From: Charles Greenlaw <cgreenlaw(--nospam--at)speedlink.com>
Date: Thu, 25 May 2000 17:02:57 -0700
At 11:05 AM 05/25/2000 -0400, Roger Turk wrote:
>Everything about seismic zoning is fictitious!
>Then, someone suggested that Z reflect the seismic zone so that it would be
>easier to remember, so for Zone 4, Z = .4; Zone 3, Z = .3; Zone 2B, Z = .2;
>Zone 2A, Z = .15; Zone 1, Z = .1, and all the other factors adjusted so that
>the answers came out the same as previously.
A federally-funded 1978- vintage NEHRP precursor, ATC 3-06,
"suggested" this way, and the 1982-88 SEAOC Seismology Committee followed
suit, for the 1988 UBC seismic sections. Reportedly there was code
adoption-endangering "political" resistance in Zone 2 territory in the US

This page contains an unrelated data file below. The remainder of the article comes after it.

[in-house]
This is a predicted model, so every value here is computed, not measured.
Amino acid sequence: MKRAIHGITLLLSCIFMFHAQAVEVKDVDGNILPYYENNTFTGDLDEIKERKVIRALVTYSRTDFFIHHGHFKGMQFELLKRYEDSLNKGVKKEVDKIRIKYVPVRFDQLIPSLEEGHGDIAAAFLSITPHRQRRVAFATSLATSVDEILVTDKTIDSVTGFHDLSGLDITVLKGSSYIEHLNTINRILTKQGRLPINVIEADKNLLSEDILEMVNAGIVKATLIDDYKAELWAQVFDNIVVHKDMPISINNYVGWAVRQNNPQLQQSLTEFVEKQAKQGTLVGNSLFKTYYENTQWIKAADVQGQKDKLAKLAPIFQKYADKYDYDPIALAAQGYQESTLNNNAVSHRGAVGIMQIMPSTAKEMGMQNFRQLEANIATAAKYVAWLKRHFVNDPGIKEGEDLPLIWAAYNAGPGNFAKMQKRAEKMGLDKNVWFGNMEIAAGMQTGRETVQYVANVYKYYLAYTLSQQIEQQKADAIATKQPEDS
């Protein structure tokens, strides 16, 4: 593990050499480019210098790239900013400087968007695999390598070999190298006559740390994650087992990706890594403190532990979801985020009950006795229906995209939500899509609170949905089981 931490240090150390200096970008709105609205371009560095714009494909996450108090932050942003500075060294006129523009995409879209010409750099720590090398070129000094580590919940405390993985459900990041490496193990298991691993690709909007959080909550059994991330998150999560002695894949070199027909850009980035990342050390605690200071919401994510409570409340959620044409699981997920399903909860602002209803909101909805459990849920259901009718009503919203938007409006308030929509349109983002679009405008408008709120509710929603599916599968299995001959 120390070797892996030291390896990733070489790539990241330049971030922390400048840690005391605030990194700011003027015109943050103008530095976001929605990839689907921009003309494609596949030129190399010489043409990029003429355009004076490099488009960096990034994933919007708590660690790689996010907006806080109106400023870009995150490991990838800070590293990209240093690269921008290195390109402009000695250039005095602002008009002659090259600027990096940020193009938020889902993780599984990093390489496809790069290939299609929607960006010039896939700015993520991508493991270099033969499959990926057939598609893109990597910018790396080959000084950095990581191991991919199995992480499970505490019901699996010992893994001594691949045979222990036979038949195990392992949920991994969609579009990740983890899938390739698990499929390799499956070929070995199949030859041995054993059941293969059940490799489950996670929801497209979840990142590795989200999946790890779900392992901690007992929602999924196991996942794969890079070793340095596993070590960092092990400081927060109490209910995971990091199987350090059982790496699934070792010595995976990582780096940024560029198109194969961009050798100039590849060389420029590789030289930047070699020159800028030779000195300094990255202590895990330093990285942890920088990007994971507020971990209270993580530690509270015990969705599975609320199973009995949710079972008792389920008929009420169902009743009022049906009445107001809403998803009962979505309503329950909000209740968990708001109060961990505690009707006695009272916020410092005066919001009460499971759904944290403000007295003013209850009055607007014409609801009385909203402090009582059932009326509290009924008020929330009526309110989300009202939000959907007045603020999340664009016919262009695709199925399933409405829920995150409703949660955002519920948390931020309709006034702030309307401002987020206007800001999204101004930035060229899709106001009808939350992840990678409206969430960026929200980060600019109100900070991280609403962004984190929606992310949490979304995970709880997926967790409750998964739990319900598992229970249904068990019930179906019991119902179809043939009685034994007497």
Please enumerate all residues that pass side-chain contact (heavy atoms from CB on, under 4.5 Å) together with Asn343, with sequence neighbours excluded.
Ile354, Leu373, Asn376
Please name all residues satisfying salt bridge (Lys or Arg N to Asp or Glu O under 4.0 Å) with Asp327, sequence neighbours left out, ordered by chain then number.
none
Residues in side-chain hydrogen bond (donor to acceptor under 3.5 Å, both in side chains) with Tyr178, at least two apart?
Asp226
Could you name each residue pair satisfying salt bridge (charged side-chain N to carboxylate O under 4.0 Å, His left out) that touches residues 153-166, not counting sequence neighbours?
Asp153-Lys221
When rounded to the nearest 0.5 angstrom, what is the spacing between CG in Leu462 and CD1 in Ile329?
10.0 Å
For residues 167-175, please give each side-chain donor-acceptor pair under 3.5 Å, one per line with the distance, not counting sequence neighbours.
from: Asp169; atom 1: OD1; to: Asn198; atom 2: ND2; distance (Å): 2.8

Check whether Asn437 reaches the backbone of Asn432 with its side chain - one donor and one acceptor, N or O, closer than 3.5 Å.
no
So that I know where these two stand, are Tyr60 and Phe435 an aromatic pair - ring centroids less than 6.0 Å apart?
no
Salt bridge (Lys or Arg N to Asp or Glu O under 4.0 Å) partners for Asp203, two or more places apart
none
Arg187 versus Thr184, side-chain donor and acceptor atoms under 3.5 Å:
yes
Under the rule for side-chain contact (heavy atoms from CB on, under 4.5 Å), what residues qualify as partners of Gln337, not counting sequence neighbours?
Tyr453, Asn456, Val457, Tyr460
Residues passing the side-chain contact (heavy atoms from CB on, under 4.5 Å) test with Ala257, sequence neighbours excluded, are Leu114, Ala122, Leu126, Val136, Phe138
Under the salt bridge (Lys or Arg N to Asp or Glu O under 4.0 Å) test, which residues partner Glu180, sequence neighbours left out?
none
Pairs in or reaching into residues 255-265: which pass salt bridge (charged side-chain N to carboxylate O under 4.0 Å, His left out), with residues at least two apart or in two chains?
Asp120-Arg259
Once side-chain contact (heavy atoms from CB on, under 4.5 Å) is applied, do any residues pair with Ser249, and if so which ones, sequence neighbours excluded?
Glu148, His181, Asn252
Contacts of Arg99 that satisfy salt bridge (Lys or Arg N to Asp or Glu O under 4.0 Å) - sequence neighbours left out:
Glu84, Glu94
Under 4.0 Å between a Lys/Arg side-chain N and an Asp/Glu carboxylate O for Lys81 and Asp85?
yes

Midwest to the O.2 factor, and as a sop to them, a member of Seismology
Committee in the fall of 1986 offhandedly suggested dividing Zone 2 into A
and B portions, with the reduced value in the eastern portion (2A) that you
have noted. This gambit was embraced eagerly, and it worked.
There was no known technical research whatsoever as backing for the Zone 2
split or the .15 factor. This I know, because I was the one who suggested
the idea in committee.
It's hard to tell what in seismic code isn't fictitious or hastily
concocted, and then sold as solid, accurate science and time-proven wisdom
to eager believers.
At least this Zone 2A stunt didn't add needless workload to code users, or
add interpretation quandaries. To my amusement, Zone 2A has sprouted up in
Arizona and Hawaii since originally appearing east of the Rockies.
Charles O. Greenlaw SE Sacramento CA